Passion and precision in HK Phil’s Russian-flavoured season opener of Stravinsky and Rachmaninov
A soloist with technique to burn, Leila Josefowicz negotiated the tricky passages of Stravinsky’s neoclassical Violin Concerto in D with ease; orchestra produced rich sound and gorgeous individual playing in Rachmaninov’s Symphony No. 2
Sparkling chords, bright open strings, complex rhythms and wonderful lyricism – Russian composer Igor Stravinsky’s neoclassical Violin Concerto in D from 1931 has them all. And Leila Josefowicz, the Canadian-American soloist in Friday’s concert with the Hong Kong Philharmonic under music director Jaap van Zweden’s baton, held nothing back in her interpretation.
With technique to burn, she managed to make tricks such as up-bow staccato and ricochet bowing look like a cinch in the Aria 1 (second movement) and impressed throughout with her crystal-clear harmonics and focused sound.
On occasion, Josefowicz’s jovial dialogue with wind soloists in the opening Toccata left the violin coming off acoustically second best, rendering her almost inaudible from the balcony. But the soloist’s fine interweaving with various instrumentalists beautifully captured the mood of desolation and sorrow in the middle movements. The Capriccio finale provided plenty of sparkle and lighthearted relief.
Stravinsky omitted the customary violin cadenza in his concerto, but Josefowicz had ample opportunity to demonstrate her technical mastery throughout, and in an impressive encore.
Passionate and pulsating romanticism at its best followed the intermission, showing van Zweden and the Hong Kong Phil right in their element and on top of their game in a glorious performance that highlighted the majesty and beauty of another Russian, Sergei Rachmaninov’s, Symphony no. 2 in E minor.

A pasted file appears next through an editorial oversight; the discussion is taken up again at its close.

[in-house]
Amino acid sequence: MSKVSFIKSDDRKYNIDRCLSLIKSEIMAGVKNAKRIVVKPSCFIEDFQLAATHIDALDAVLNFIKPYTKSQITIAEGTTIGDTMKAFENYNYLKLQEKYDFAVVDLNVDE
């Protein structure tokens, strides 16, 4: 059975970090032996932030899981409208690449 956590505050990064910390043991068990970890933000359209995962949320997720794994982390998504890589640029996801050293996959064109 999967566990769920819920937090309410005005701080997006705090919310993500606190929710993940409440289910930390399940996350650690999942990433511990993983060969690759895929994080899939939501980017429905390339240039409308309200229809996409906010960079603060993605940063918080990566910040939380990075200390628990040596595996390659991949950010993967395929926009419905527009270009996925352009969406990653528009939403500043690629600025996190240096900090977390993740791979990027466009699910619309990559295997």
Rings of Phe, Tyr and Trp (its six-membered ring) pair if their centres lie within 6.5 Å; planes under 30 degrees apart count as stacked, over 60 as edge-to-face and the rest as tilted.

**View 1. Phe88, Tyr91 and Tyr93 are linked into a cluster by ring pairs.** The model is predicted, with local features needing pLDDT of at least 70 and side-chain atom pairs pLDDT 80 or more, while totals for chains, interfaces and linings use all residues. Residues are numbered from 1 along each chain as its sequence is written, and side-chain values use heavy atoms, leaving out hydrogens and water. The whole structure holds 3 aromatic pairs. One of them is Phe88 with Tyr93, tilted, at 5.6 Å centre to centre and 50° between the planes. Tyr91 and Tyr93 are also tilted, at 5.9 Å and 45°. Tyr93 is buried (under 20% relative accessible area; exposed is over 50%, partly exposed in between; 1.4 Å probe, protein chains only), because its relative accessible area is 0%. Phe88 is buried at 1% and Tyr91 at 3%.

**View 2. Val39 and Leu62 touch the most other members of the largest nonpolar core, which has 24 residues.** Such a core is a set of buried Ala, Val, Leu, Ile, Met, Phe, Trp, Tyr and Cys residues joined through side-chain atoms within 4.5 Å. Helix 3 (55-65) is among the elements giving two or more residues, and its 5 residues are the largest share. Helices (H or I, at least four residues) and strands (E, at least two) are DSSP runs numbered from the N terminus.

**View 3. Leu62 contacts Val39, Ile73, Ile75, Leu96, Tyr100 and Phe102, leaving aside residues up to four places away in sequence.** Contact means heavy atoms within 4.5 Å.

The rich and robust string sound (notably from the first violins and cellos) was superb in the opening Largo, as was Kwan Sheung-fung’s fine cor anglais solo leading into the Allegro moderato. Swells and climaxes were carefully calibrated by van Zweden, but left one craving more middle voice (from the second violins and violas) on occasion – though the Cultural Centre Concert Hall’s acoustics had something to do with that.
The frenetic second movement Allegro molto conjures images of bolting herds of wild horses, but there wasn’t a hoof out of place. Violins and horns played with absolute precision as van Zweden kept a tight rein.
Andrew Simon’s extended clarinet solo in the much loved and dreamy third movement Adagio was gorgeous and just one of many gems provided by the woodwind.
The brass and percussion also shone on many occasions, not least in the stirring and thoroughly satisfying final Allegro vivace that concluded an evening of stellar music making.
Hong Kong Philharmonic Orchestra, Hong Kong Cultural Centre Concert Hall. Reviewed: August 31